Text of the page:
Regional Leaders

Picture of Wilma Wooten"We know that climate change will affect people's health in our region. That's why the County is working with the National Weather Service to better understand our local weather conditions and how to proactively respond to weather extremes to protect the health and well-being of all San Diegans."

Wilma Wooten, MD, MPH
Public Health Officer, San Diego Health and Human Services Agency, County of San Diego

Picture of Michael W. Murphy

"There are significant health risks from extended heat waves, poor air quality and lack of rain that adversely impact our smog and ozone levels. During heat waves, wildfires and high pollution days, we may see more ER visits and hospital admissions across the county, particularly among individuals with respiratory ailments, such as asthma or chronic obstructive pulmonary disease. Those with respiratory ailments will need to take more precautions as conditions worsen - and will need to be aware of current emergency response efforts created for critical periods, not just as health care providers but with a community-wide response."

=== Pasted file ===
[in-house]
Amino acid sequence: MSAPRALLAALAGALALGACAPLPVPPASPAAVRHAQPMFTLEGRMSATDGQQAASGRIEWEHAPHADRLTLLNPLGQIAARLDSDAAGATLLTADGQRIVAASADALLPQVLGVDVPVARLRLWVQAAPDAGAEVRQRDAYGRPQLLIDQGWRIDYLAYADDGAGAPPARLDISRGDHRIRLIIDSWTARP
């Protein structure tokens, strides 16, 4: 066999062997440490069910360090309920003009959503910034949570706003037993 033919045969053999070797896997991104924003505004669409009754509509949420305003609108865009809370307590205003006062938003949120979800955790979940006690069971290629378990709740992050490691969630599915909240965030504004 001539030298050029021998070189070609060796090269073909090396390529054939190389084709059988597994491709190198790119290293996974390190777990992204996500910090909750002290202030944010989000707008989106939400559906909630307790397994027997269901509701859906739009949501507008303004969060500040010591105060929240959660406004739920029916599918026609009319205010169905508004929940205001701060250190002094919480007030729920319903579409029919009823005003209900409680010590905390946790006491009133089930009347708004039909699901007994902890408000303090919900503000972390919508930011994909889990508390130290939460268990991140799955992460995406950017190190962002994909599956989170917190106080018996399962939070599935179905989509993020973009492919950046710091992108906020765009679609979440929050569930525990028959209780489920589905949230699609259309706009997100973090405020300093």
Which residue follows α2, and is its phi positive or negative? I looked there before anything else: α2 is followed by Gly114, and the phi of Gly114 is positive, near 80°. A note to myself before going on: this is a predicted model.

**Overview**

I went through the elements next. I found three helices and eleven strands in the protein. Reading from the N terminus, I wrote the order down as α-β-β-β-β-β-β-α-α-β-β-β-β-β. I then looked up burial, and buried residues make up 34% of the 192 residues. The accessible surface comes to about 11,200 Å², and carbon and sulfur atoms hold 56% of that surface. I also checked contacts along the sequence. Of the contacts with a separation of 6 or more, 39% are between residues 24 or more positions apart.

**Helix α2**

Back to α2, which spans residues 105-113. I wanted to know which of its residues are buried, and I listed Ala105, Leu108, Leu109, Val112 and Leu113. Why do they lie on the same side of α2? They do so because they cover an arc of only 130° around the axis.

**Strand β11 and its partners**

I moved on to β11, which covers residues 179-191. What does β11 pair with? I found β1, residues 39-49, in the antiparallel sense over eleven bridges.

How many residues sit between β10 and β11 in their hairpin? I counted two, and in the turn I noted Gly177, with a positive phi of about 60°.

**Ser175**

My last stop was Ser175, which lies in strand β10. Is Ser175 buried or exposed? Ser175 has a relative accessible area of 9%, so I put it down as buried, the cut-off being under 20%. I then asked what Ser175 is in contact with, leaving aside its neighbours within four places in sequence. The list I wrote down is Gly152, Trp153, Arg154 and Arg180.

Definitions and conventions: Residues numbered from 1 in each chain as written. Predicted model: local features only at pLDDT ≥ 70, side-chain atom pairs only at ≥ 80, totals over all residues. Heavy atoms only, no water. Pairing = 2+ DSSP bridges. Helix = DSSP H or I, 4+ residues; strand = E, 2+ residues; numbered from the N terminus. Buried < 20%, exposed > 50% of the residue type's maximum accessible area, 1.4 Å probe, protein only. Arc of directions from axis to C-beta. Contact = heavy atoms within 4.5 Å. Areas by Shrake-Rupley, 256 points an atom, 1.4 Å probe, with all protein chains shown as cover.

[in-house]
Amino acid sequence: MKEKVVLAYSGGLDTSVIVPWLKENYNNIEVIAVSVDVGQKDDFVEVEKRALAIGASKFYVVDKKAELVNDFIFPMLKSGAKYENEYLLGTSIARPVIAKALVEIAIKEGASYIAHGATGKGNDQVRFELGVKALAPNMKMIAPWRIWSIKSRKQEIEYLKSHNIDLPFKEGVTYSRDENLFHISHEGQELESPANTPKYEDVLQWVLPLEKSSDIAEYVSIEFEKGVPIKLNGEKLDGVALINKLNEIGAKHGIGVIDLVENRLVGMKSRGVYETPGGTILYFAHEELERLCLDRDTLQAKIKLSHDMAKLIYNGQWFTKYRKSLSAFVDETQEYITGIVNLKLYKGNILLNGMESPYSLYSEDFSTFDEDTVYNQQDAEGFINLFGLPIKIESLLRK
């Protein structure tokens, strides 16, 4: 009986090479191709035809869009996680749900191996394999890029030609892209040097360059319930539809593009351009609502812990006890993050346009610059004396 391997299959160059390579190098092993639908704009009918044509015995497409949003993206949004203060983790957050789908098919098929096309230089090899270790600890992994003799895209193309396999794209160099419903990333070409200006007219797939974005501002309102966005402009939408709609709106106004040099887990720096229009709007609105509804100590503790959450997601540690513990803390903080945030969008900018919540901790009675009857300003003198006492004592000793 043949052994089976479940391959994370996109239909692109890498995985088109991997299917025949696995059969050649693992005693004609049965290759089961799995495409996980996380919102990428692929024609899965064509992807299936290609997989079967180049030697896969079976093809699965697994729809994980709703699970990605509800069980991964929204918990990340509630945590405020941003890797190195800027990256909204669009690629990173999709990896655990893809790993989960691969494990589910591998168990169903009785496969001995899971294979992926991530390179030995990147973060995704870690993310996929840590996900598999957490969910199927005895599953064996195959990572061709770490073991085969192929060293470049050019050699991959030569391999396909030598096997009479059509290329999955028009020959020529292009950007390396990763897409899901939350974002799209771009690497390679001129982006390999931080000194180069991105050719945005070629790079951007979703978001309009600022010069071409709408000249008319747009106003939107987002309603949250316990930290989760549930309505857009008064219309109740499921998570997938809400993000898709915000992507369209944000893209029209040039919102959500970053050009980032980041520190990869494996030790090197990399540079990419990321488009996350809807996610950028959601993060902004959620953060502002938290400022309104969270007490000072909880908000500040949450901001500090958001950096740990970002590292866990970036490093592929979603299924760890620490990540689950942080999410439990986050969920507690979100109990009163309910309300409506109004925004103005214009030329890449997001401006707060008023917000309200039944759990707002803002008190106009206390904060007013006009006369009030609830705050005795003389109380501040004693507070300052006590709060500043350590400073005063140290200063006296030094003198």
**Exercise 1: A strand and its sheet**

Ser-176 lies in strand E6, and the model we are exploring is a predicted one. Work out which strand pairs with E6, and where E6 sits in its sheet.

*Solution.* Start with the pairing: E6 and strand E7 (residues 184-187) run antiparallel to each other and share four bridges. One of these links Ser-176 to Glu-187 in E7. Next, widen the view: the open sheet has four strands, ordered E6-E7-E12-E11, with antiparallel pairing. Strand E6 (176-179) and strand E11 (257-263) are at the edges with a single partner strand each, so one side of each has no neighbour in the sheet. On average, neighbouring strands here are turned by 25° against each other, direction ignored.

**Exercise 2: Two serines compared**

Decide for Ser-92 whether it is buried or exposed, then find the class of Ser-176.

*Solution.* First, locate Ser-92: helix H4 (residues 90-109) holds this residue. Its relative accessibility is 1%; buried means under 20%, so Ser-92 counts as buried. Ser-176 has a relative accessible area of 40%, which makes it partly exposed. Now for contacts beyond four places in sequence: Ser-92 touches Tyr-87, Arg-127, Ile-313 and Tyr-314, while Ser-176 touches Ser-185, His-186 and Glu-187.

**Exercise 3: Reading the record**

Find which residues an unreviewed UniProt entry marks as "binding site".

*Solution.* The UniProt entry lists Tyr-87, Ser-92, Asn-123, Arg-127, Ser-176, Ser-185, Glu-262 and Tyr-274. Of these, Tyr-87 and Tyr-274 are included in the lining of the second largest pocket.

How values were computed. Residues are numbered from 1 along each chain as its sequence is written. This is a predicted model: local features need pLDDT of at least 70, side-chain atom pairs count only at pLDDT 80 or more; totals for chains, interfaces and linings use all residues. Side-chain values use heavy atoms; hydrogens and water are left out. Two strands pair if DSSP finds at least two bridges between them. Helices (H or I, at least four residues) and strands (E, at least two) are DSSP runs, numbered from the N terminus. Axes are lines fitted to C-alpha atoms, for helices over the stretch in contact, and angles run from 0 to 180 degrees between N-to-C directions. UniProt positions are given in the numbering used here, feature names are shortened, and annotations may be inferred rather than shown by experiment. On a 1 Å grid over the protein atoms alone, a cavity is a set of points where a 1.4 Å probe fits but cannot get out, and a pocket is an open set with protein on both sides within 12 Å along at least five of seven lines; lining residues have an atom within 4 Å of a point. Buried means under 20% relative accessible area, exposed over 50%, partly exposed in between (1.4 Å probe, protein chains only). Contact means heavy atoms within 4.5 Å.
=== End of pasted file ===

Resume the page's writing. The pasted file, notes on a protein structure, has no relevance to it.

Michael W. Murphy
President and CEO, Sharp HealthCare

Answering the call: opportunities for regional leaders

  • Take expected health impacts into account when making and approving public health system and air quality improvement plans.
  • Manage and restore natural areas in urban neighborhoods to increase shade; this can help cool buildings and paved pedestrian routes, as well as improve air and water quality.
  • Ensure that hospitals and emergency responders have sufficient resources and are prepared to address the expected health impacts.
  • Continue to improve early warning systems during heat waves, provide education about heatstroke symptoms and increase access to cooling centers and public swimming pools.
  • Expand disease monitoring, educate the public on preventing the spread of disease, and improve emergency response for disease outbreaks.